However, the health improvements do not appear immediately. Instead, many health improvements develop four or more years after retirement.  
Our empirical approach uses variation in retirement policies at different ages to assess the impact of retirement on health and well-being. For instance, at age 62 individuals become eligible to claim social security retired worker benefits, inducing some individuals to retire. By exploiting variation in eligibility for government programs and private pensions, we estimate the causal impact of retirement on health and well-being both immediately and many years after retirement. Using the Health and Retirement Study, a rich set of nationally representative data, we found that retirement improves self-reported health and functional limitations. However, the health improvements do not appear immediately. Instead, many health improvements develop four or more years after retirement. This makes sense because it often takes time for investments in health to come to fruition. That is, many health improving activities such as exercise do not make us instantly healthier but generate future health gains if done consistently over time. Our research also finds that retirement leads to immediate improvements in life satisfaction, and these improvements persist into the long-run. A large body of research finds that people often return back to a set state of happiness after major life events temporarily influence their emotional balance. This line of research suggests that the effect of retirement on life satisfaction may fade out after the initial retirement period. However, our results show that retirement improves happiness and well-being well beyond one’s retirement date. These improvements in health and life satisfaction do not seem to be driven by increased health-care use, nor do they appear to reduce health-care expenditures. Our study finds retirement is unlikely to have large effects on medical expenses. Overall, this research suggests that policies to extend working lives may have detrimental consequences on the health and happiness of individuals and are unlikely to have substantial direct effects on health-care spending. These possible negative consequences should be considered when evaluating policies that extend working lives. Feature image: BeyondImages/iStock [post_title] => Retirement Brings Health and Happiness [post_excerpt] => Research suggests that retirement leads to improvements in life satisfaction. Policies that extend working lives may have detrimental consequences on health and happiness. [post_status] => publish [comment_status] => closed [ping_status] => closed [post_password] => [post_name] => retirement-brings-health-and-happiness [to_ping] => [pinged] => [post_modified] => 2019-02-10 22:27:17 [post_modified_gmt] => 2019-02-11 03:27:17 [post_content_filtered] => [post_parent] => 0 [guid] => https://www.publichealthpost.org/?post_type=bu_research&p=6300 [menu_order] => 0 [post_type] => bu_research [post_mime_type] => [comment_count] => 0 [filter] => raw ) [extra_args] => Array ( ) [owner] => BUPHP_Post Object *RECURSION* [_trigger_error:WPLib_Base:private] => 1 ) [view] => BUPHP_Post_View Object ( [multipage] => [extra_args] => Array ( ) [owner] => BUPHP_Post Object *RECURSION* [_trigger_error:WPLib_Base:private] => 1 ) [extra_args] => Array ( ) [owner] => [_trigger_error:WPLib_Base:private] => 1 )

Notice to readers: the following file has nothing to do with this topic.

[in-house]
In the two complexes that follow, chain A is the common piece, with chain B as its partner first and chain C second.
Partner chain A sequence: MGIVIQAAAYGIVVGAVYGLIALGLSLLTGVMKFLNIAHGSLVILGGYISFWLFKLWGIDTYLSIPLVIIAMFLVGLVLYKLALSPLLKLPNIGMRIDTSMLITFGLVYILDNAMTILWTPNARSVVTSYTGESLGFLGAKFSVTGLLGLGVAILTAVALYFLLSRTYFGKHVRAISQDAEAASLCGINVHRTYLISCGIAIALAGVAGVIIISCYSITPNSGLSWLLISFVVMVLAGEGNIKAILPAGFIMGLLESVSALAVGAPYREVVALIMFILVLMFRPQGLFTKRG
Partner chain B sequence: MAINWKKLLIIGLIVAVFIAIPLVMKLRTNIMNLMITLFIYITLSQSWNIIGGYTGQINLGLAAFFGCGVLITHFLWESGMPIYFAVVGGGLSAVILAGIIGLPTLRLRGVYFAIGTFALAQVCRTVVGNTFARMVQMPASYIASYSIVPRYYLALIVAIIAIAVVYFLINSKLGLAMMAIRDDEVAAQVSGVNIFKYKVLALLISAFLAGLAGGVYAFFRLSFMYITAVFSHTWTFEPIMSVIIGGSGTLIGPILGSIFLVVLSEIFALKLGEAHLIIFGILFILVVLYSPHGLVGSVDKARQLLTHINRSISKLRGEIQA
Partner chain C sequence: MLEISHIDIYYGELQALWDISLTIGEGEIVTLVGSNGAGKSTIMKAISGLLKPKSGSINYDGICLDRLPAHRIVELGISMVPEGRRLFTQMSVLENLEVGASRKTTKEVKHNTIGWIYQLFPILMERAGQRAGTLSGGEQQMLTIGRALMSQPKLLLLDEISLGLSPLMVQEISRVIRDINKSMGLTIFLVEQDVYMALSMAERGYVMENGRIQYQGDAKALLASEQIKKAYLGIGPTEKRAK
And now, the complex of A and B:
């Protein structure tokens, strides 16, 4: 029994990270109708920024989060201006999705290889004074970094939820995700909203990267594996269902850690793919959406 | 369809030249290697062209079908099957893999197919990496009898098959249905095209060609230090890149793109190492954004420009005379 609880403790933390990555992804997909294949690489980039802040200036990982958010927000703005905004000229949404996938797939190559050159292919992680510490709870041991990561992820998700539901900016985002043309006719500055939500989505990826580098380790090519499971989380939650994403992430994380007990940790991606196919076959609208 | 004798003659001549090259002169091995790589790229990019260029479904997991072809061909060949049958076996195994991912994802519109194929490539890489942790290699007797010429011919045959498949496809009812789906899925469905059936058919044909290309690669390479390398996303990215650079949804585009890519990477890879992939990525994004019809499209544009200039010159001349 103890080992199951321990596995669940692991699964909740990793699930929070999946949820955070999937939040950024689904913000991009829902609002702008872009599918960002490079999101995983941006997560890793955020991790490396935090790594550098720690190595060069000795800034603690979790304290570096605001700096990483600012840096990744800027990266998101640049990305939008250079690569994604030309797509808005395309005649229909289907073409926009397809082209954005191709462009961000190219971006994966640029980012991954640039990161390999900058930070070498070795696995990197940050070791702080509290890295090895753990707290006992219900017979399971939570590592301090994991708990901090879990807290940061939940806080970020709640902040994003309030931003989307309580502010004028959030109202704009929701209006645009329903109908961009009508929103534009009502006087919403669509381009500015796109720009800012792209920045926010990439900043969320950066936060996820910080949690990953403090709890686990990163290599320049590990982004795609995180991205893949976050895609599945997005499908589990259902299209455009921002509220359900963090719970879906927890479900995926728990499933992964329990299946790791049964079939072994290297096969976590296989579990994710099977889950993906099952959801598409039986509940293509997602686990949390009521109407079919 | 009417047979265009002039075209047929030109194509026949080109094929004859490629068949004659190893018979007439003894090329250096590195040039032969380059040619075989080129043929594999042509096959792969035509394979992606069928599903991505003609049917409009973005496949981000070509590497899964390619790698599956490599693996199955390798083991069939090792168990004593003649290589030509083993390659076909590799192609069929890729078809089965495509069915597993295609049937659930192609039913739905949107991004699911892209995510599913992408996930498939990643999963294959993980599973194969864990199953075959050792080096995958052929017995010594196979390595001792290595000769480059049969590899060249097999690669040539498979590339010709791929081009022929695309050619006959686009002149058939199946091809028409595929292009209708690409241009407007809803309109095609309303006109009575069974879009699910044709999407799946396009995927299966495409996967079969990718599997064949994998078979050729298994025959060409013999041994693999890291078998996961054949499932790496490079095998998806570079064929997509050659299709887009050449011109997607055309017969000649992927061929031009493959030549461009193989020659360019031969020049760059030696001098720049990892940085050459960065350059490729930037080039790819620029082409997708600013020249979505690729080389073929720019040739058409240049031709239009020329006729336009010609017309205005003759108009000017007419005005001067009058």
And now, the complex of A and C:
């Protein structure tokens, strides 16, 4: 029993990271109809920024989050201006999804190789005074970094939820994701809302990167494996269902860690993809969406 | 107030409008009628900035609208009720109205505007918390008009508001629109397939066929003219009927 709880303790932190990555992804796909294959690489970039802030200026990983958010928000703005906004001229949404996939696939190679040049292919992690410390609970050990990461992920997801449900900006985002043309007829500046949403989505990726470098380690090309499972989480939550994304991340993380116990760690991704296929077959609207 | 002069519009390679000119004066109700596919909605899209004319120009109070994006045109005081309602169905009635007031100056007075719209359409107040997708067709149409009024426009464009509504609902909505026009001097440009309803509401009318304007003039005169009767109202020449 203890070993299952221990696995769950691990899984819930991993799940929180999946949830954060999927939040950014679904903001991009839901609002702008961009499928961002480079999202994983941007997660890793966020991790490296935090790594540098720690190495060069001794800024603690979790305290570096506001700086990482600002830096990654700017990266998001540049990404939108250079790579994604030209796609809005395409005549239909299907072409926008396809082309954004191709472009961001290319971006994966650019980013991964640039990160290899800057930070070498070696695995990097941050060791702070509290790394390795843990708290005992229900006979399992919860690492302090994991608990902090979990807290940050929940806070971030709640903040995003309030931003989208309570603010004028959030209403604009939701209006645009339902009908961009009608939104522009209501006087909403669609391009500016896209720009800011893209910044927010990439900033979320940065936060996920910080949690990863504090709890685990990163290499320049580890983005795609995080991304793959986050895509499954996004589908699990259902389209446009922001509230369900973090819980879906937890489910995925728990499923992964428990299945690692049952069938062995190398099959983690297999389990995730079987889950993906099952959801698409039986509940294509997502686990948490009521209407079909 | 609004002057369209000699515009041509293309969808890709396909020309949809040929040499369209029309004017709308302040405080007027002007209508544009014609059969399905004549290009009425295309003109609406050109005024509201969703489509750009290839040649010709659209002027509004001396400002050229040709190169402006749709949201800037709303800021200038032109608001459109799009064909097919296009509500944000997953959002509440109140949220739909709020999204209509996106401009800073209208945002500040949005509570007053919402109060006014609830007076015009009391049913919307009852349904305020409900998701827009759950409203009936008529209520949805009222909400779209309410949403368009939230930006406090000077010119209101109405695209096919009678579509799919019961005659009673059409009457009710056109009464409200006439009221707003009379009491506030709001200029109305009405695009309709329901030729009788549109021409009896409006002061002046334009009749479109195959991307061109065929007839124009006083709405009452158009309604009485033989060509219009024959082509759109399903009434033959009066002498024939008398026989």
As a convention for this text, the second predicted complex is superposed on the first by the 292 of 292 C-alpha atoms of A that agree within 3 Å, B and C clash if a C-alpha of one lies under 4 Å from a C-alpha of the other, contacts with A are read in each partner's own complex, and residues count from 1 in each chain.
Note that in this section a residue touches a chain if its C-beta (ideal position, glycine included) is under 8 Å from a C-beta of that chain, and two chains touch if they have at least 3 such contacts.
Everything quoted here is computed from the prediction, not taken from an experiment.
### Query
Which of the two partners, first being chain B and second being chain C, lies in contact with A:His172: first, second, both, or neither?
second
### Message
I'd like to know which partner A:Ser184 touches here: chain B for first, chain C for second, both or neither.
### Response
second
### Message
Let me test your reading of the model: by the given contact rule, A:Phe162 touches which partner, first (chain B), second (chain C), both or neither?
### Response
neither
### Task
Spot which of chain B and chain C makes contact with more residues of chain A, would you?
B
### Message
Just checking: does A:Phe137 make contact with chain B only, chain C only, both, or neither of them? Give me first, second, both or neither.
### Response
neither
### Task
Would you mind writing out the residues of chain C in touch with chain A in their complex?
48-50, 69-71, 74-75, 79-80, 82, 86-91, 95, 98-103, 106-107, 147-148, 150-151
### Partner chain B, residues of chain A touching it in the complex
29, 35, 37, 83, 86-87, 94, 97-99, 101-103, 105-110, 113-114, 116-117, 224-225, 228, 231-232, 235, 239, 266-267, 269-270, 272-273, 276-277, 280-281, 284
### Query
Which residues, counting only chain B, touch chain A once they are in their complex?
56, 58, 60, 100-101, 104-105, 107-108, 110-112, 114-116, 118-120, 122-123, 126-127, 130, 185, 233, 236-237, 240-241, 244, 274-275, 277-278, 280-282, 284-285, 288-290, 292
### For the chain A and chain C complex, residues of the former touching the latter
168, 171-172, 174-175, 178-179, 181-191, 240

Research suggests that retirement leads to improvements in life satisfaction. Policies that extend working lives may have detrimental consequences on health and happiness.

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Research

College Without Enough Food

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                    [post_date] => 2019-02-08 05:00:25
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                    [post_content] => Food insecurity, according to the USDA, is “the disruption of food intake or eating patterns because of lack of money and resources.” Food insecurity is a widespread problem that many college students across the United States face, but few studies have focused specifically on college freshmen.

A recent study published in the Journal of Community Health assessed food insecurity among freshmen at Appalachian State University, located in Boone, North Carolina. Researchers compared food insecurity at home to food insecurity experienced during the first year of college.

Seven percent of those surveyed experienced food insecurity at home before college. Those who experienced food insecurity at home reported that their families stretched food; bought cheaper, processed foods; and used coupons for discounts on food. Over 21% of the freshmen surveyed in the study at Appalachian State reported being food insecure at some point during their first year of college.